Time of Exercise Specifies the Impact on Muscle Metabolic Pathways and Systemic Energy Homeostasis.


Center for Epigenetics and Metabolism, INSERM U1233, Department of Biological Chemistry, School of Medicine, University of California, Irvine, Irvine, CA, USA. Electronic address: [Email]


While the timing of food intake is important, it is unclear whether the effects of exercise on energy metabolism are restricted to unique time windows. As circadian regulation is key to controlling metabolism, understanding the impact of exercise performed at different times of the day is relevant for physiology and homeostasis. Using high-throughput transcriptomic and metabolomic approaches, we identify distinct responses of metabolic oscillations that characterize exercise in either the early rest phase or the early active phase in mice. Notably, glycolytic activation is specific to exercise at the active phase. At the molecular level, HIF1α, a central regulator of glycolysis during hypoxia, is selectively activated in a time-dependent manner upon exercise, resulting in carbohydrate exhaustion, usage of alternative energy sources, and adaptation of systemic energy expenditure. Our findings demonstrate that the time of day is a critical factor to amplify the beneficial impact of exercise on both metabolic pathways within skeletal muscle and systemic energy homeostasis.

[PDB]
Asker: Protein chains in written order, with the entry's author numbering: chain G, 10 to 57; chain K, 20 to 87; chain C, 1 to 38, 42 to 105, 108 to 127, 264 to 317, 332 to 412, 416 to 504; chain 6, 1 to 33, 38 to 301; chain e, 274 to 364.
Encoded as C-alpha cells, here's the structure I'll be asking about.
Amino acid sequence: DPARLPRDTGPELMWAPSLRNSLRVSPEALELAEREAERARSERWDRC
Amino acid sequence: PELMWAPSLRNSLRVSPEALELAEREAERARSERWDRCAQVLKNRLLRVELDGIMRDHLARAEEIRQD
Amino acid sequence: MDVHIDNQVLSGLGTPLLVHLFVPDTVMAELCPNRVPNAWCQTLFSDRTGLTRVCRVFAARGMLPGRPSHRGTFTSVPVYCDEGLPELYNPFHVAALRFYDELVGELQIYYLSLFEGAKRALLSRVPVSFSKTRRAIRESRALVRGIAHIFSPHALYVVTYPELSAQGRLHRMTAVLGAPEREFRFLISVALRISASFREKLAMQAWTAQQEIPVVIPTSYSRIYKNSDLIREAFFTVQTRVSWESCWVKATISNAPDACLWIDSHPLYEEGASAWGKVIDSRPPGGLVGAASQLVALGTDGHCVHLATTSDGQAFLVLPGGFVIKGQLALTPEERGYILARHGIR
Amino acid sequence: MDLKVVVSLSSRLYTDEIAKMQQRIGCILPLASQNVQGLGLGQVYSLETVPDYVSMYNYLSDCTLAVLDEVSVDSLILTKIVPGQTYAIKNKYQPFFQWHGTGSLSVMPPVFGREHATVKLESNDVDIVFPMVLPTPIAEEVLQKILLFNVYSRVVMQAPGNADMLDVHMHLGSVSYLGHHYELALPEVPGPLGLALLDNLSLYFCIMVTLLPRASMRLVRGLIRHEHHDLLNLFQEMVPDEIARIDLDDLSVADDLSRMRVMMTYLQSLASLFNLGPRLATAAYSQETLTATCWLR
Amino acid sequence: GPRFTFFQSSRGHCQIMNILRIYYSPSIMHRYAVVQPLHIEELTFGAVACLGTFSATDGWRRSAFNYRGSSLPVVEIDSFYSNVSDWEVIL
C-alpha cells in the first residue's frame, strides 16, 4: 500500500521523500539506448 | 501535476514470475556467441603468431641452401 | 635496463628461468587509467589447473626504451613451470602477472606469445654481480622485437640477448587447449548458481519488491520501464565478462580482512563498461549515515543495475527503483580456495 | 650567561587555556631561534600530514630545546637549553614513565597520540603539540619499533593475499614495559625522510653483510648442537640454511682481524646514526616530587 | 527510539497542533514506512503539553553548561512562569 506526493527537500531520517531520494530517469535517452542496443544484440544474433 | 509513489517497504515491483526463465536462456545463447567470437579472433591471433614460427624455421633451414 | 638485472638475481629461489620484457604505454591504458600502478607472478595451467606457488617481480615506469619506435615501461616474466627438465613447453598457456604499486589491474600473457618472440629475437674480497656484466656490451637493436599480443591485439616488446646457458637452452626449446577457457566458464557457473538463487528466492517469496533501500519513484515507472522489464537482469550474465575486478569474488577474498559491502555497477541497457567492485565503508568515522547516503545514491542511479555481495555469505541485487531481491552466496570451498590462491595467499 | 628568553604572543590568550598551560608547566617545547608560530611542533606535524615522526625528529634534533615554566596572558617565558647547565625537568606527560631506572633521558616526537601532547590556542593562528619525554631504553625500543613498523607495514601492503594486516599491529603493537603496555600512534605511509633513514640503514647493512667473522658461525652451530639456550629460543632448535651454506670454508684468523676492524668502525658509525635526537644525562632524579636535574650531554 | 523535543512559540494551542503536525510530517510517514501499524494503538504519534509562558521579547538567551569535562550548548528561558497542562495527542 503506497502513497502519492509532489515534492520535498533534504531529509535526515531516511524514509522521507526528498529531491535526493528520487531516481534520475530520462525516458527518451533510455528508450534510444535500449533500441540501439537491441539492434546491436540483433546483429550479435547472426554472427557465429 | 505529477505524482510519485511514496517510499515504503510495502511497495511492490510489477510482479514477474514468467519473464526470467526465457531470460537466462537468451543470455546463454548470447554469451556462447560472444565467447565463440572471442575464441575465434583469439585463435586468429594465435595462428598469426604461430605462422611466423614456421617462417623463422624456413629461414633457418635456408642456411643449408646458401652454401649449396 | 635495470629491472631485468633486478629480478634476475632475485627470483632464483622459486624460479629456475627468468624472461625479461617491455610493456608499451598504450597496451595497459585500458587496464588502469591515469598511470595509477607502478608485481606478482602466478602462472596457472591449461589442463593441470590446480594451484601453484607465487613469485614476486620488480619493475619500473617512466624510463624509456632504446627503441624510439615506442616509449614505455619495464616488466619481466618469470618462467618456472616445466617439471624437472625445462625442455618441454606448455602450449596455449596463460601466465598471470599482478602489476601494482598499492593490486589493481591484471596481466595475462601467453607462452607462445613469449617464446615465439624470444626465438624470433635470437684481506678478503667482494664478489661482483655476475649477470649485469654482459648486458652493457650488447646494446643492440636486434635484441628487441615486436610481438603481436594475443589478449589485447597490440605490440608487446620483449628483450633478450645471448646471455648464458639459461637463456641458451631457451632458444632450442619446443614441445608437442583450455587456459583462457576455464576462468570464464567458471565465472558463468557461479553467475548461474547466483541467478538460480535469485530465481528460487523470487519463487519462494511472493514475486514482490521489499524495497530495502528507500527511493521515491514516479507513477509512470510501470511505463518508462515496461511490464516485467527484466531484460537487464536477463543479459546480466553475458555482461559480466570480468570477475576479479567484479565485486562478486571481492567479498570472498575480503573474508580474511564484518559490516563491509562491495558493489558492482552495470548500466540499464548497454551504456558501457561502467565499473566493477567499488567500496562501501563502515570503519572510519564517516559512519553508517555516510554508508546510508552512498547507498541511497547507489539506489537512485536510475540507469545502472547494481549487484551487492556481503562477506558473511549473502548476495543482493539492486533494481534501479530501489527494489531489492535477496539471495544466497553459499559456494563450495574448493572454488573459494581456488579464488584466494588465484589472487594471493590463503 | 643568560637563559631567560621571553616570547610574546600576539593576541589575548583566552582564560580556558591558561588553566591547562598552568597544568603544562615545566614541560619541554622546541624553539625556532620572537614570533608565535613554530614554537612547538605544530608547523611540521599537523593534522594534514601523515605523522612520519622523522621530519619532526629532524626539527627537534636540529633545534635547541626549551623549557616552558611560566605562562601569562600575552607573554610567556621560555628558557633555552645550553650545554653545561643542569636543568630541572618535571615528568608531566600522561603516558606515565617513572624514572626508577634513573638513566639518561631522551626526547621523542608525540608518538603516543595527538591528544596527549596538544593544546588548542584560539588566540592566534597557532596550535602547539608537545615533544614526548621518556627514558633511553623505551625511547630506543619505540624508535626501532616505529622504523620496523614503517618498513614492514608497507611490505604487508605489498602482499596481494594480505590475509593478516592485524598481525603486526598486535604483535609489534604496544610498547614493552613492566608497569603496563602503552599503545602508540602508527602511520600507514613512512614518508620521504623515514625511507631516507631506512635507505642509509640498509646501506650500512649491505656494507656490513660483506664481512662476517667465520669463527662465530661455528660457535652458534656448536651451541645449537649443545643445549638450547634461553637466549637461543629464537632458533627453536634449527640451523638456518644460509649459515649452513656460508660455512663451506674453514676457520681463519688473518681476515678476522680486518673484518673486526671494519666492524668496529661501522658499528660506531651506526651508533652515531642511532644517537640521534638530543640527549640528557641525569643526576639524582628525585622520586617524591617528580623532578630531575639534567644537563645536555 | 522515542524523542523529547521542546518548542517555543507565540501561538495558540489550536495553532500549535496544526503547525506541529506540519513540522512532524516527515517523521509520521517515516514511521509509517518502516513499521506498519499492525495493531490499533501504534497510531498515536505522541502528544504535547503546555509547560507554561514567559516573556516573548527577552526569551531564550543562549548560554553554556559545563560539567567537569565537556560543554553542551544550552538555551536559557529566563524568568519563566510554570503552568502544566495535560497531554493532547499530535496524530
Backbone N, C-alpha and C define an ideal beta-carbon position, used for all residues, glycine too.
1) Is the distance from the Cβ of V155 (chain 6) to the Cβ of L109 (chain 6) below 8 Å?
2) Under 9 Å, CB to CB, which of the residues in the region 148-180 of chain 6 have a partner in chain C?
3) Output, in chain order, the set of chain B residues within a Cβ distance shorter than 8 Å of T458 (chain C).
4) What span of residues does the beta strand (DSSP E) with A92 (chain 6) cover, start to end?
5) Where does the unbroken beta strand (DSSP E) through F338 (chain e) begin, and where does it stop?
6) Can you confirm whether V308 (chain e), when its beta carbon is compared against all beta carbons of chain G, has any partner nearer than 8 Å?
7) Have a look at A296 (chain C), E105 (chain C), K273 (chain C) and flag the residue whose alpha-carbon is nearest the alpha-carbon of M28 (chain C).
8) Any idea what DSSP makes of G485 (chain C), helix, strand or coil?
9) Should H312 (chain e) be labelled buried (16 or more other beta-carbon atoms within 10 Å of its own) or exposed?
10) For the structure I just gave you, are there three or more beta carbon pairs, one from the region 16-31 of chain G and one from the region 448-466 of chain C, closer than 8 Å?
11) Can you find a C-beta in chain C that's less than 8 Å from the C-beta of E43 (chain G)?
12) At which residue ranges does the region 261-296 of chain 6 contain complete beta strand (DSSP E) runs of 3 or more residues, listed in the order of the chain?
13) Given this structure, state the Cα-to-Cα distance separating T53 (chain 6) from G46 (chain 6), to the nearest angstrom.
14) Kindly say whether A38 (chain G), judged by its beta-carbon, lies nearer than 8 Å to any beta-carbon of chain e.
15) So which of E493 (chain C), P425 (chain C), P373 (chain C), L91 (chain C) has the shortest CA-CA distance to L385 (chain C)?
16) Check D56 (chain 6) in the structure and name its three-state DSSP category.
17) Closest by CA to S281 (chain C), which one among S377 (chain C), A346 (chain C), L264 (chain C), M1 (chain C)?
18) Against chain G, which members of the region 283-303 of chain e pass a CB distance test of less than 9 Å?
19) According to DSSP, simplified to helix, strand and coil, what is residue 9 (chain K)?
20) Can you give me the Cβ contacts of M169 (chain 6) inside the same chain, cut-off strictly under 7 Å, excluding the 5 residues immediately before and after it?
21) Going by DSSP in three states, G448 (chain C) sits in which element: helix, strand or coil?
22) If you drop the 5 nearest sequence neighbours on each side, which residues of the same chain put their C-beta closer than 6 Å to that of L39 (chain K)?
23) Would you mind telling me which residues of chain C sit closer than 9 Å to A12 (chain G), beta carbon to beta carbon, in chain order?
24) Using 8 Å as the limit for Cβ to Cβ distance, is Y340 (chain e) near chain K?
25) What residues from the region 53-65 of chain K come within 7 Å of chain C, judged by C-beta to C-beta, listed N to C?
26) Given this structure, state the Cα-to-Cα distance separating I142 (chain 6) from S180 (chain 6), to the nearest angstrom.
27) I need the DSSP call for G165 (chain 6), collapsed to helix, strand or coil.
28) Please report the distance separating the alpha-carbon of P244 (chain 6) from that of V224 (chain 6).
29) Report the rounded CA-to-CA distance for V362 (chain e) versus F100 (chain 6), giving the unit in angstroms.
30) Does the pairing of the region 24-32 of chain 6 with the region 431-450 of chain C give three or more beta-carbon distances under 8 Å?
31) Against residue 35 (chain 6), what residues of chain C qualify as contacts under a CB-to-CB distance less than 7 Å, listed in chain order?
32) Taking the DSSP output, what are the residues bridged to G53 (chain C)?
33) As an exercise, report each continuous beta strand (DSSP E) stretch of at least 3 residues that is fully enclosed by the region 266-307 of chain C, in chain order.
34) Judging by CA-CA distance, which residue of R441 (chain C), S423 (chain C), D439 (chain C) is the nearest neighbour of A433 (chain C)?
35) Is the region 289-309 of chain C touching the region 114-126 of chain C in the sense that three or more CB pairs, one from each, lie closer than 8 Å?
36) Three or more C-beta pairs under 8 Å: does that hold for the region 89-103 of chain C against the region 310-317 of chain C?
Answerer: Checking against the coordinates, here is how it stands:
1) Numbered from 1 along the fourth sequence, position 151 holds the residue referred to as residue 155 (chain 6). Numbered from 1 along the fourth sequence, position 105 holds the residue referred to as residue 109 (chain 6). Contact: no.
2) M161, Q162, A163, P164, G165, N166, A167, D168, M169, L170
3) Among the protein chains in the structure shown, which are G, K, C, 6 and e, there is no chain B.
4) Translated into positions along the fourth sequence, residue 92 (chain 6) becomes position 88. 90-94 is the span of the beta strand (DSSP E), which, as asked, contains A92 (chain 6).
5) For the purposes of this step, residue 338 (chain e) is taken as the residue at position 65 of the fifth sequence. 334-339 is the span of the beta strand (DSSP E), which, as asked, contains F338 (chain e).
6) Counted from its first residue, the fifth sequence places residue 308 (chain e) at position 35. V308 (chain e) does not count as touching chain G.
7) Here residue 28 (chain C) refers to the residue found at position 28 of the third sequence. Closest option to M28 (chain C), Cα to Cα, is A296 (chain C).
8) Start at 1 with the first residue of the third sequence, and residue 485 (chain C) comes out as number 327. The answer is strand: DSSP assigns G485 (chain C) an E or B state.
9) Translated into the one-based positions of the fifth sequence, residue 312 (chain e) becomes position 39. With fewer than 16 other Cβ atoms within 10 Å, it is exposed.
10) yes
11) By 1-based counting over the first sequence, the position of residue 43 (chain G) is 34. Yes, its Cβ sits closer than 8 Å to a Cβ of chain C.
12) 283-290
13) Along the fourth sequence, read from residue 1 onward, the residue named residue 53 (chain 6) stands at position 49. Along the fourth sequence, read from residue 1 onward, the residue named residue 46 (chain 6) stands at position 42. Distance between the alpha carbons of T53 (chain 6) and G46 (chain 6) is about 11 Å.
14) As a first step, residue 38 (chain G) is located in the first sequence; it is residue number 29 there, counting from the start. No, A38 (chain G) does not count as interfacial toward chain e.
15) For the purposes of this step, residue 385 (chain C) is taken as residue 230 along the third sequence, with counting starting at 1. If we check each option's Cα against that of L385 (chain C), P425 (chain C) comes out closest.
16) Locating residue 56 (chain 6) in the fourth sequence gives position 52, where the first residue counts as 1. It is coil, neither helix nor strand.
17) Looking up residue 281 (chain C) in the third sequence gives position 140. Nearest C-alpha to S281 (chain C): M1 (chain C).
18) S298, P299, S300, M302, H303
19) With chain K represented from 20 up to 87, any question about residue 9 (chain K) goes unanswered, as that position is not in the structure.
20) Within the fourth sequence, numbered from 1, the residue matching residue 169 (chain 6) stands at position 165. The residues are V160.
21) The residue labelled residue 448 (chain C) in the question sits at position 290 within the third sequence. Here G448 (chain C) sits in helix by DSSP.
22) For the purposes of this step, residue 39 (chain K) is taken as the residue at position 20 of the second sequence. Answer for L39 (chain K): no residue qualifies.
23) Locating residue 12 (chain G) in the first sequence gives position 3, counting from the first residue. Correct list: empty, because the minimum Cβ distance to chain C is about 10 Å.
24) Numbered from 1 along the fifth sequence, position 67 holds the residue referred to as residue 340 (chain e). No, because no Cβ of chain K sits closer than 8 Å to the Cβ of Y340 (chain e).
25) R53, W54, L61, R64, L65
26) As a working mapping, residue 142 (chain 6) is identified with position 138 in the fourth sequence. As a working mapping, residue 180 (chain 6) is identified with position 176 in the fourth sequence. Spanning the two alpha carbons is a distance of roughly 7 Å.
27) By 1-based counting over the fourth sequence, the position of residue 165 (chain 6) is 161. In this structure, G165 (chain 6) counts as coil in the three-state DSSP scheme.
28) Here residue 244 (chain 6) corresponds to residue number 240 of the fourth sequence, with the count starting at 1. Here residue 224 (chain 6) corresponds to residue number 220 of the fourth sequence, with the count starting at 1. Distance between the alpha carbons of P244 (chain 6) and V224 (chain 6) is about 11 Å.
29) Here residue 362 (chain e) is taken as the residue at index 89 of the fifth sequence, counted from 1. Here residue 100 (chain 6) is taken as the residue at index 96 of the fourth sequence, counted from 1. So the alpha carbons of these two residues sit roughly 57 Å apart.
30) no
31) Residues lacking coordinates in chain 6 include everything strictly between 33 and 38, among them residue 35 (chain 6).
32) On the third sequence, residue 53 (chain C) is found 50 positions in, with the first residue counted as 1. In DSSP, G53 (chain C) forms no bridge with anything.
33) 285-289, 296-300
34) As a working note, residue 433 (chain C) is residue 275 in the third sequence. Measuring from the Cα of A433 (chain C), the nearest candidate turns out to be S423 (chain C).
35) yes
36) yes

HIF1α,circadian rhythms,energy homeostasis,exercise metabolism,glycolysis,lipid oxidation,metabolomics,skeletal muscle,transcriptomics,

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